The Guitar Gift Stories From Joe Walsh

via @joewalshfans | Youtube

Joe Walsh (Joseph Fidler Walsh) is an American singer, guitarist, and songwriter. He has been a member of five successful rock bands: James Gang, Barnstorm, Eagles, the Party Boys, and Ringo Starr & His All-Starr Band in a career spanning over 40 years. He was also part of the New Zealand band Herbs. He was also a member of the short-lived supergroup The Best that existed in the 1990s.

He has also enjoyed success both as a solo artist and as a prolific session musician, having featured on a wide range of other artists’ recordings. In 2011, Rolling Stone placed him at 54th on their list of ‘100 Greatest Guitarists of All Time’ in 2011. Before reaching a national audience as a member of the James Gang, whose hit song ‘Funk # 49’, he played with several local Ohio bands. Funk song # 49 highlighted his prowess as both a guitarist and a singer.

In a new appearance on the Wong Notes podcast (via Ultimate Guitar), Eagles guitarist Joe Walsh has spoken about how he gave Jimmy Page his first Gibson Les Paul guitar, which would eventually become his one of Led Zeppelin’s hallmarks.

“Oddly enough, Jimmy Page played a Telecaster in all of The Yardbirds, and the James Gang opened for Led Zeppelin when they first came to America,” Walsh recalled. “We opened for them, and they played four or five places – one of them was Cleveland. And so I met Jimmy, and their first album had just come out, and people were just starting to discover Led Zeppelin. The word of mouth was huge, but a lot of people came to hear The Yardbirds songs because that’s all they knew.”

“So Jimmy and I became friends because pretty much that’s a three-piece band with the lead singer, and Jimmy said to me, ‘Look, The Yardbirds is great, and I played on so many records…’ He played on so many sessions! If you look up what he played on, you’ll be amazed,” Walsh added. “But he said, ‘This Telecaster ain’t cutting it for Led Zeppelin. And I don’t know what to do.’ Now, Les Pauls virtually didn’t exist in England at the time. They didn’t hit popularity yet, and they were pretty easy to find because they hadn’t been discovered – and they didn’t cost very much.”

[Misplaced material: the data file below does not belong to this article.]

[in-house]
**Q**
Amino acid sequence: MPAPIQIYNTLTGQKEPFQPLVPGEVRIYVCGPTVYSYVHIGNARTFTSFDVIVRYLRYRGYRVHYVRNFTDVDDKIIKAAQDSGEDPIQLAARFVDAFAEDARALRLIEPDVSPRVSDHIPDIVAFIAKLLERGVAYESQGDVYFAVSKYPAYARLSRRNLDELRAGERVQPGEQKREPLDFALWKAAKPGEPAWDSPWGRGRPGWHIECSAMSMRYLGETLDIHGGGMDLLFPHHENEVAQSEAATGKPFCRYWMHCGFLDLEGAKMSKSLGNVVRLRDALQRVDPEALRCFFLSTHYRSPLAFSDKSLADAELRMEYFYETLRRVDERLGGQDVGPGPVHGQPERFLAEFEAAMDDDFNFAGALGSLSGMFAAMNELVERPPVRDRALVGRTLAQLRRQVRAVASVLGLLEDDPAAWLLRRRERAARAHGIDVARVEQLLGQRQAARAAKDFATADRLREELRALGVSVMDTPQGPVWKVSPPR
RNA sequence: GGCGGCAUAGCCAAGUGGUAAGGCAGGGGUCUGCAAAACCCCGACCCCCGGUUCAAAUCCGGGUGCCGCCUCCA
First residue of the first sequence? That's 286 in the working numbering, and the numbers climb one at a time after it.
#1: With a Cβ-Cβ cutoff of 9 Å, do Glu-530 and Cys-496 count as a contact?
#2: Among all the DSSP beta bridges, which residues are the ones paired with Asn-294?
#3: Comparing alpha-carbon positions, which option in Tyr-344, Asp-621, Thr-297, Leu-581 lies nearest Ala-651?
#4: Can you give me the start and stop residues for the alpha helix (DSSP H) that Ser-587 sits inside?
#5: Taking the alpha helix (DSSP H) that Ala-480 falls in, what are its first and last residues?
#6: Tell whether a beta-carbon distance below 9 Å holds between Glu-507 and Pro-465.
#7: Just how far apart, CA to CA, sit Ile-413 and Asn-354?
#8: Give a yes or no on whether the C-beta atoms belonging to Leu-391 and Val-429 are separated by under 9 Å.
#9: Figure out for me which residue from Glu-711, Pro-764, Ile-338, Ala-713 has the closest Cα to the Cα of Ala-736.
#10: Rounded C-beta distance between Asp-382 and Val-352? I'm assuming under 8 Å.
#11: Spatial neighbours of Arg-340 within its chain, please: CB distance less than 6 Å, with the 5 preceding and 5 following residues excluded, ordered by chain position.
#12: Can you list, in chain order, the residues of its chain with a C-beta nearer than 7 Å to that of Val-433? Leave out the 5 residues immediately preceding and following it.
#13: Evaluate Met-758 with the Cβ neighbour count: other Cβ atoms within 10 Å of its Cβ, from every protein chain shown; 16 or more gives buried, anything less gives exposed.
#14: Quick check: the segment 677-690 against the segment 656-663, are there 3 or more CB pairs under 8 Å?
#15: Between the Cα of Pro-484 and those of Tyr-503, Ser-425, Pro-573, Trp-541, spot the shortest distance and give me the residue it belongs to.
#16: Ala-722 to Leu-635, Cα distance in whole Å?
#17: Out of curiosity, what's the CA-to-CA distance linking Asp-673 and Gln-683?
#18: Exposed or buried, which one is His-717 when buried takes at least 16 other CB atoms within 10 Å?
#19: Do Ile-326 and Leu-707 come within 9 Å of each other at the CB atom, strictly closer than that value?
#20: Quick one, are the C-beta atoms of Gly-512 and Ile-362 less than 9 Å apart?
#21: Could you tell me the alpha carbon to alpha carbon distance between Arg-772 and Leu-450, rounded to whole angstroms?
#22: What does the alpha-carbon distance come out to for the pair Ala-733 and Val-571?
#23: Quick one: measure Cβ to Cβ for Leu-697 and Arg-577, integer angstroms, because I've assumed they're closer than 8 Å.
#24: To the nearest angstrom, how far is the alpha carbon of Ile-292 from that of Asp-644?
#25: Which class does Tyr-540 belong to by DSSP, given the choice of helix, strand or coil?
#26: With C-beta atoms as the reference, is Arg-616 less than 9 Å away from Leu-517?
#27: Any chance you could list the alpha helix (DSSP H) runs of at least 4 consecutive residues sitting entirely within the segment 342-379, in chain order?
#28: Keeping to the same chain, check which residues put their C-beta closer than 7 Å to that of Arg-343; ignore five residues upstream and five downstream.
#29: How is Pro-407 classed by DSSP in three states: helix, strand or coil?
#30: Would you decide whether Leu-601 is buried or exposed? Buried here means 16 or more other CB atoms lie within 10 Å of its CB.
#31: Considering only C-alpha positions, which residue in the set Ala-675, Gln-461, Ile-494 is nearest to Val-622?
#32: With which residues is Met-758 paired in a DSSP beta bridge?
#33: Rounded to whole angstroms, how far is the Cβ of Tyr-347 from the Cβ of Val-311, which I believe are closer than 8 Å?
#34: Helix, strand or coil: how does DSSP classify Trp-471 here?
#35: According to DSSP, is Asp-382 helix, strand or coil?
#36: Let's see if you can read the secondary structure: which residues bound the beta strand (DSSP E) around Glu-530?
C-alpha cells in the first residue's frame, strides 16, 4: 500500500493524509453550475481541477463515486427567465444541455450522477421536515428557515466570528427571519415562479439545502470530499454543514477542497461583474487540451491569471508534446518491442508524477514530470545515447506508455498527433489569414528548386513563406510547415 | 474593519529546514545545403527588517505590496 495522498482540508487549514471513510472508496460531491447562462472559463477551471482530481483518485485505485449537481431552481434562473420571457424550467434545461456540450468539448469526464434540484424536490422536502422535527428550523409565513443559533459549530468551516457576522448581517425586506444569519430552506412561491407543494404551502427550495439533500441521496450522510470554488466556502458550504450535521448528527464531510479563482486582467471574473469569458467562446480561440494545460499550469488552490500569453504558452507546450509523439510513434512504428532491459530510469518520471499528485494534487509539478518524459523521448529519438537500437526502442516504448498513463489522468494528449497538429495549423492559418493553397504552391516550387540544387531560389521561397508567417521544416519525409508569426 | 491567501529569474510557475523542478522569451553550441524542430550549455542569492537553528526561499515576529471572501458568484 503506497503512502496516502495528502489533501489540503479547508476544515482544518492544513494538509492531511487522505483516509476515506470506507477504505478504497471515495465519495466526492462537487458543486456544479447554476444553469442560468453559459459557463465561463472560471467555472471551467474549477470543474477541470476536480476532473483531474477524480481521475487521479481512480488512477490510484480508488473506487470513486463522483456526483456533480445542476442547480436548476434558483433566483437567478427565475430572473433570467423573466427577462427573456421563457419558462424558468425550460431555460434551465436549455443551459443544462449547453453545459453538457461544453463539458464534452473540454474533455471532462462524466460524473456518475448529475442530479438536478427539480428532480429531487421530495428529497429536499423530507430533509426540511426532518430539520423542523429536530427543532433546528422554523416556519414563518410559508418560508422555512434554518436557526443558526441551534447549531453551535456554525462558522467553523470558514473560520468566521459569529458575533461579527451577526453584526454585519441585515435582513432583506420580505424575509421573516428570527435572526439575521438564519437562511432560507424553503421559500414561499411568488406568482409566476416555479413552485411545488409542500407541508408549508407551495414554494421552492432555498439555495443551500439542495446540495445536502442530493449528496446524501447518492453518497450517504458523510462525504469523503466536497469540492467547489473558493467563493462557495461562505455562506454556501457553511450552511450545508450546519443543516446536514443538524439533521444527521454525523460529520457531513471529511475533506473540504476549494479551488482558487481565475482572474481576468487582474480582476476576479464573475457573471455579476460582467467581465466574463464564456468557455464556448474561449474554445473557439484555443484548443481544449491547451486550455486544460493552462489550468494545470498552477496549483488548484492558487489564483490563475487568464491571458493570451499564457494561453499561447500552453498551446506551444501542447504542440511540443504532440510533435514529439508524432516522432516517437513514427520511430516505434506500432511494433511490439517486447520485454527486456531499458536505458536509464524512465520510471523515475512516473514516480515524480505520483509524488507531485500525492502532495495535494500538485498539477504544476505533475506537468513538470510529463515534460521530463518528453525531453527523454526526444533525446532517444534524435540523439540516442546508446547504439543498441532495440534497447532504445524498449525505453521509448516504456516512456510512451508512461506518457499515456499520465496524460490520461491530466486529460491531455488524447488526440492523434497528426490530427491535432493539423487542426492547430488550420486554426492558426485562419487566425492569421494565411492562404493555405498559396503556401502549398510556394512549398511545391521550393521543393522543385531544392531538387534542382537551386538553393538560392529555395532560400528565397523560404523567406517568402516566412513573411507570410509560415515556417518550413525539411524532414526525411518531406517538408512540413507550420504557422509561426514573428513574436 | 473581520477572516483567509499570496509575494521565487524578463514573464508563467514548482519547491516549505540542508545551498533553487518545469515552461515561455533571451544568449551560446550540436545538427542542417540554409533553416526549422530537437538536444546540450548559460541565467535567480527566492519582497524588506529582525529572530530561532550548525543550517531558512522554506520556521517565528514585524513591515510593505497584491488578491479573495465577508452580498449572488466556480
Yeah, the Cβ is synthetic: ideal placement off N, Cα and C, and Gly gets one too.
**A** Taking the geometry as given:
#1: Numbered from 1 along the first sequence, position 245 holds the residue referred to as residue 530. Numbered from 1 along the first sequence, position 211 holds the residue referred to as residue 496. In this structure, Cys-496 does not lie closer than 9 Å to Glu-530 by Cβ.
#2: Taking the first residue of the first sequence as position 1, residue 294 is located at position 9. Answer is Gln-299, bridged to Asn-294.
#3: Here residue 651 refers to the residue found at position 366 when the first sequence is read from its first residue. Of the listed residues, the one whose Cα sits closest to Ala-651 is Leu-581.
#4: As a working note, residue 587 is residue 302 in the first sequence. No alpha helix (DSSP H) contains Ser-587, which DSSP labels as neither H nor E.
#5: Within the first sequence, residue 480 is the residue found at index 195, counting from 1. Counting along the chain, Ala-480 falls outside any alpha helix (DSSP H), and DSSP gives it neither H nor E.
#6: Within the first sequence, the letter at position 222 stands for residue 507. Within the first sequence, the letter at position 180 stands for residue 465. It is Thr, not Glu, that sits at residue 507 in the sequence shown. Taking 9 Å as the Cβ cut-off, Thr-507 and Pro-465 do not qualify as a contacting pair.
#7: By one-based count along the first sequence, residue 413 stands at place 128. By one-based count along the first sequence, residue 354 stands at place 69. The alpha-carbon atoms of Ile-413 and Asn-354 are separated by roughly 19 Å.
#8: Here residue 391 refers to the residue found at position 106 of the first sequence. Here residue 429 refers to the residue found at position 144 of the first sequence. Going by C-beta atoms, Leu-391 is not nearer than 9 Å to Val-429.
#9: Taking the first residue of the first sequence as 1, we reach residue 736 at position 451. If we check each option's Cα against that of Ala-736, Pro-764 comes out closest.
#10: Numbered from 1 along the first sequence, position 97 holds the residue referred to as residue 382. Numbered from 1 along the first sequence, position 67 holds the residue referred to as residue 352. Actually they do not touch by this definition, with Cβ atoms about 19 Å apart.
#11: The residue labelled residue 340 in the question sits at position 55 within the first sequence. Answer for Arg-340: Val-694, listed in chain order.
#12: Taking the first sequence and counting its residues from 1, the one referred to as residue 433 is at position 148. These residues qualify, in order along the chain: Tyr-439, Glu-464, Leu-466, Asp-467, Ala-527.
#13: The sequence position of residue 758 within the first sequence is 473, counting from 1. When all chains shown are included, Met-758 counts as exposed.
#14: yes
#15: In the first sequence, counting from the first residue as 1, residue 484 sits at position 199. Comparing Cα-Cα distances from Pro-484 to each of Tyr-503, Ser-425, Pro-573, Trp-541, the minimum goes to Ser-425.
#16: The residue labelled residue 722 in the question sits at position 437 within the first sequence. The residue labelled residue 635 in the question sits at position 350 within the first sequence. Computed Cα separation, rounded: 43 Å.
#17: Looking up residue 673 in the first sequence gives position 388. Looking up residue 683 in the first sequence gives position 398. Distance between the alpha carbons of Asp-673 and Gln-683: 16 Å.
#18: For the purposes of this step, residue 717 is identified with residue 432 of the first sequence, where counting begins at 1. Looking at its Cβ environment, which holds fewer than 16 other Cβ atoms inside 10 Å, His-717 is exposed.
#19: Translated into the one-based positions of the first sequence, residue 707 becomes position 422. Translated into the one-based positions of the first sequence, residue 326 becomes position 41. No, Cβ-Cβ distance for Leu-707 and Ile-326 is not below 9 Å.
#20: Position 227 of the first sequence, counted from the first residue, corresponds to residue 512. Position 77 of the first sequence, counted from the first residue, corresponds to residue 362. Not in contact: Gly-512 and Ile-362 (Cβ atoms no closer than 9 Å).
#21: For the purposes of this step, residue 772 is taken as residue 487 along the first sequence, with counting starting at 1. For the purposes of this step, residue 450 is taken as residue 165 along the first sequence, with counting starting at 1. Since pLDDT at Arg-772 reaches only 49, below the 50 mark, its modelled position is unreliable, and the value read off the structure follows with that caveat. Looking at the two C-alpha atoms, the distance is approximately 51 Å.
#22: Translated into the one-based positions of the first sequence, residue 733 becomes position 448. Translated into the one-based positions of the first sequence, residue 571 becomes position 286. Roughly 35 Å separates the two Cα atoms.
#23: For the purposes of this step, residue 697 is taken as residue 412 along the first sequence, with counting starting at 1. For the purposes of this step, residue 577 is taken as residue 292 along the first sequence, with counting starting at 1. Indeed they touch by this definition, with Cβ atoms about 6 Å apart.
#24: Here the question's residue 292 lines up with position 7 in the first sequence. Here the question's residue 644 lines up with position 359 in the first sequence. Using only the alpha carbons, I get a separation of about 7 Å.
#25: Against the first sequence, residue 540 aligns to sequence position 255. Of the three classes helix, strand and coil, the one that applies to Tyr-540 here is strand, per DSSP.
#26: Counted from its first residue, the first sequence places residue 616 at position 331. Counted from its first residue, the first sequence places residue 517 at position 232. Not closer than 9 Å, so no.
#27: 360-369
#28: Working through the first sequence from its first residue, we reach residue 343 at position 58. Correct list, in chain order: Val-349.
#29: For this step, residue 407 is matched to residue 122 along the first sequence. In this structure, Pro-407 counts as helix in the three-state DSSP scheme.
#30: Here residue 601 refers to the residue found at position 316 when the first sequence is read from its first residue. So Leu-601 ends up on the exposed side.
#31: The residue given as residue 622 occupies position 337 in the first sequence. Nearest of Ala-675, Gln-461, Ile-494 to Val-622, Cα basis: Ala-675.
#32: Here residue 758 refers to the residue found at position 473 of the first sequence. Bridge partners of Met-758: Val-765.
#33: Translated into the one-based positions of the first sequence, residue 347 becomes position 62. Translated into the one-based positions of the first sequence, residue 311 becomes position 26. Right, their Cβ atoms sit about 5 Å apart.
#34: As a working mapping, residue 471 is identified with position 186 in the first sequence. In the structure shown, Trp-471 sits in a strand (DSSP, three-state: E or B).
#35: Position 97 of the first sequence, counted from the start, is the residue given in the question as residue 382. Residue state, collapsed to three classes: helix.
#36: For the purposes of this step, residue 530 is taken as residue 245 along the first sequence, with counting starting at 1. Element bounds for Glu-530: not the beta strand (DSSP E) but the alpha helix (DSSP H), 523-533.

Walsh was an owner of two 1959 Gibson Les Pauls gladly handed over one to Jimmy Page. “I found one in the basement of a family-owned music store; I think in Athens, OH, where Ohio University is. It was just in the basement. I just walked in another garage, and it was all boxes – and I said, ‘What do you get downstairs?’ And there was a Les Paul! And I found another one through a friend, I traded him some stuff for one. So, one I really liked and one I just was saving for a rainy day, so I gave Jimmy that one.”

As if that weren’t enough, another of his island friends, Pete Townshend, also turned to Walsh for sonic advice on his new recordings. The leader of the Who had been using a Gibson SG in his live performances plugged into a good handful of Hiwatt heads and the North American responded by putting in his hands his 1959 Gretsch 6120 and the Fender Bandmaster that would end up being the main protagonists of that imperishable work called Who’s Next.

“Townshend had finished Tommy and was going through the same changes,” Walsh explained. “We got along so well that I gave him the fat orange Gretsch guitar that he used on Who’s Next and Clapton’s Rainbow Concert.”

Unlike Page, Townshend never brought to his gift before seeing it. “I opened the case, and it was bright orange, and I thought, ‘Ugh! It’s horrible, I hate it,’” Townshend revealed in a 1972 interview with Guitar Player. “I went home and went into my studio and plugged it in, and it totally wrecked me out. It’s the best guitar I’ve got now.”

“I used that guitar on every track on Who’s Next. It’s the best guitar I’ve ever had,” Townshend continued. “It’s the finest guitar I’ve ever owned; it’s the loudest guitar I’ve ever owned. It is so loud, man; it whips any pickup that I’ve ever come across. It’s maybe six or seven times louder than anything I’ve come across. If I plugged it in my amp tonight, normally I’d be working on volume six or seven, but I would work this guitar on one.”